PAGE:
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NSF Funds Social Work, Engineering Collaboration to Fight Flooding

U.S. Soldiers assigned to the Texas Army National Guard arrive in Houston to aid citizens in areas heavily flooded by the storms of Hurricane Harvey Aug. 27, 2017. (U.S. Army National Guard photo by 1st Lt. Zachary West)

U.S. Soldiers assigned to the Texas Army National Guard arrive in Houston to aid citizens in areas heavily flooded by the storms of Hurricane Harvey Aug. 27, 2017. (U.S. Army National Guard photo by 1st Lt. Zachary West)

An interdisciplinary collaboration at UT is confronting storm-related flooding and runoff, an increasingly important topic highlighted by recent devastation in the wake of Hurricane Harvey and the looming threat of Hurricane Irma.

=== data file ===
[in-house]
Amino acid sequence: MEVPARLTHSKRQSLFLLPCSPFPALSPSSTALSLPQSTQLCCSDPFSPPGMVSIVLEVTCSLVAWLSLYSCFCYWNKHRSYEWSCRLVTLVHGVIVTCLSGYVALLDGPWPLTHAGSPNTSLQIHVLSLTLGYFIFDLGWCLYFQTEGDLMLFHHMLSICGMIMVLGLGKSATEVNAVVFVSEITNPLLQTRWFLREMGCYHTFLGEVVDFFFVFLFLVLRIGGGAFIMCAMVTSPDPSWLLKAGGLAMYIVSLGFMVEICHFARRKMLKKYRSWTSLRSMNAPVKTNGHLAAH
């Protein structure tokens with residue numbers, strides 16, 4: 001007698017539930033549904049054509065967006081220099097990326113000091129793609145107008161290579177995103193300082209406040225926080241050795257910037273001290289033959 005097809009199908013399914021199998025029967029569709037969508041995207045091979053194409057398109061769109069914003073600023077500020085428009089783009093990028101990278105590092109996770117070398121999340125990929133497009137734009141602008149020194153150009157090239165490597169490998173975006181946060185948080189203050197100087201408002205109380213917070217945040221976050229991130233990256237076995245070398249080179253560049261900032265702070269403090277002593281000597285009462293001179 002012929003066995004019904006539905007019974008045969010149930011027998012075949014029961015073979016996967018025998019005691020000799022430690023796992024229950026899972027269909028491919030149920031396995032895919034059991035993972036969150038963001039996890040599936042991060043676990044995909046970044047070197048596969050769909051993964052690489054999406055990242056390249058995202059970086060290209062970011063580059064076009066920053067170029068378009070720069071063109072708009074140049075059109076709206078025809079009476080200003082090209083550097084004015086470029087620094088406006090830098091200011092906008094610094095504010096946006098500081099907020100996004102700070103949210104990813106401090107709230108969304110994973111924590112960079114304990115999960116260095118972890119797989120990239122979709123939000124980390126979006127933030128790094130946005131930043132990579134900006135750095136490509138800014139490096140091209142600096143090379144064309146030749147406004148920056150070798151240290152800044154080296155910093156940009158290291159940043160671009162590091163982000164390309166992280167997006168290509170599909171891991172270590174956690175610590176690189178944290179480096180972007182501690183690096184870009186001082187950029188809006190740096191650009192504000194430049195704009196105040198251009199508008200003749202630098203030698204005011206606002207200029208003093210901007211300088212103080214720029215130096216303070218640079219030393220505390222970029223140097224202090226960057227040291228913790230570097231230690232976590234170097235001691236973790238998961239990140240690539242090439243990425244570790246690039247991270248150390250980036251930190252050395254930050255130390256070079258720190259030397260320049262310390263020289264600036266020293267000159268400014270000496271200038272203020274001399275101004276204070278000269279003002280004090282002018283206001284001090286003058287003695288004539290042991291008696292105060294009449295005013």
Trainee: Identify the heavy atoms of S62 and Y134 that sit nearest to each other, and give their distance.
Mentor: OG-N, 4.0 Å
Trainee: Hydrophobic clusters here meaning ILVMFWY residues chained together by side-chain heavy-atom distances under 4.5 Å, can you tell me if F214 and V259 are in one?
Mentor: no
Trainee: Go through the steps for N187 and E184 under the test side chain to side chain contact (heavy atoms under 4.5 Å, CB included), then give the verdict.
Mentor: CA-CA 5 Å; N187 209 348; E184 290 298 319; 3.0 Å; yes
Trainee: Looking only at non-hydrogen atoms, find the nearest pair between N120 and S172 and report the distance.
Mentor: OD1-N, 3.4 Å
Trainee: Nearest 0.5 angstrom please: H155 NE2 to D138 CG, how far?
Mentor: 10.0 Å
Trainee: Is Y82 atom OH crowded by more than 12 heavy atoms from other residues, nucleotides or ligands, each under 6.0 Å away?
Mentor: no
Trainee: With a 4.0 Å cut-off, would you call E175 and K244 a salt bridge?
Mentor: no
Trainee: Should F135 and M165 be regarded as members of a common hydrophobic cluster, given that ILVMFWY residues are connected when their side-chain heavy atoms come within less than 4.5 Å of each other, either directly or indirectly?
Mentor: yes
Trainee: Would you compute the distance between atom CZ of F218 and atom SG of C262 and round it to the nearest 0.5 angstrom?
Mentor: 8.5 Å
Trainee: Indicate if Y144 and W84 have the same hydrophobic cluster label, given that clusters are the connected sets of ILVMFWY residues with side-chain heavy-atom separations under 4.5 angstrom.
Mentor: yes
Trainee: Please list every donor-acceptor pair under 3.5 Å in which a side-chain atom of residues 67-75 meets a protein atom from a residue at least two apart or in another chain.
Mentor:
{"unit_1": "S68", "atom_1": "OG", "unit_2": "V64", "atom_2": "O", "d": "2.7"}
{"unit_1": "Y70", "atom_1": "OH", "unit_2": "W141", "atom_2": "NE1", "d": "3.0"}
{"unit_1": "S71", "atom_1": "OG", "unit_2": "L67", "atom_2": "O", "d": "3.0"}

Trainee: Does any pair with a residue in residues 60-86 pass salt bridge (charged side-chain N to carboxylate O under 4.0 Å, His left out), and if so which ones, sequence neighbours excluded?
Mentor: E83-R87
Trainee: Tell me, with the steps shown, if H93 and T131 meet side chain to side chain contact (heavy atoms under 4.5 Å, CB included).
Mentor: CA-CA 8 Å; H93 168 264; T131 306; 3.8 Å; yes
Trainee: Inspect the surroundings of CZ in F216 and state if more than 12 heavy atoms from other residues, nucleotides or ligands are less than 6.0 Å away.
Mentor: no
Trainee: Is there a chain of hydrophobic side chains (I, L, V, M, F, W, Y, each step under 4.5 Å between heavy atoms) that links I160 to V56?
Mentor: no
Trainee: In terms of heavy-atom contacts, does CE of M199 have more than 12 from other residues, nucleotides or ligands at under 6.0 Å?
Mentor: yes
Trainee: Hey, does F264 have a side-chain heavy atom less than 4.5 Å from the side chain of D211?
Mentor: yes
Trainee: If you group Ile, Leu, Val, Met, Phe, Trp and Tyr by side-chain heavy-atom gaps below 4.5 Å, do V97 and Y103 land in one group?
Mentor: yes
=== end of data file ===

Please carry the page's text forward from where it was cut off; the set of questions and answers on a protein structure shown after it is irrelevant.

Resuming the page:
The National Science Foundation is providing $1.8 million in funding for the College of Social Work and the Department of Civil and Environmental Engineering project.

Their idea combines sensors, monitoring, and flood controls, with civic planning, and the cultivation of public buy-in to produce a “smart” system capable of adjusting flow and storage as the situation demands, while encouraging the use of natural elements such as trees, wetlands, and ponds to slow flooding and erosion.

“There are a variety of different systems in place around the country, and many ideas for how to use nature as part of new systems,” said Jon Hathaway, associate professor of civil and environmental engineering. “The challenge is that some areas are more willing to adopt new practices than others.”

While little could have been done to prevent flooding in the face of the 50-plus inches of rain that Harvey brought, systems such as the one UT is proposing could contain or mitigate damage from most other storms.
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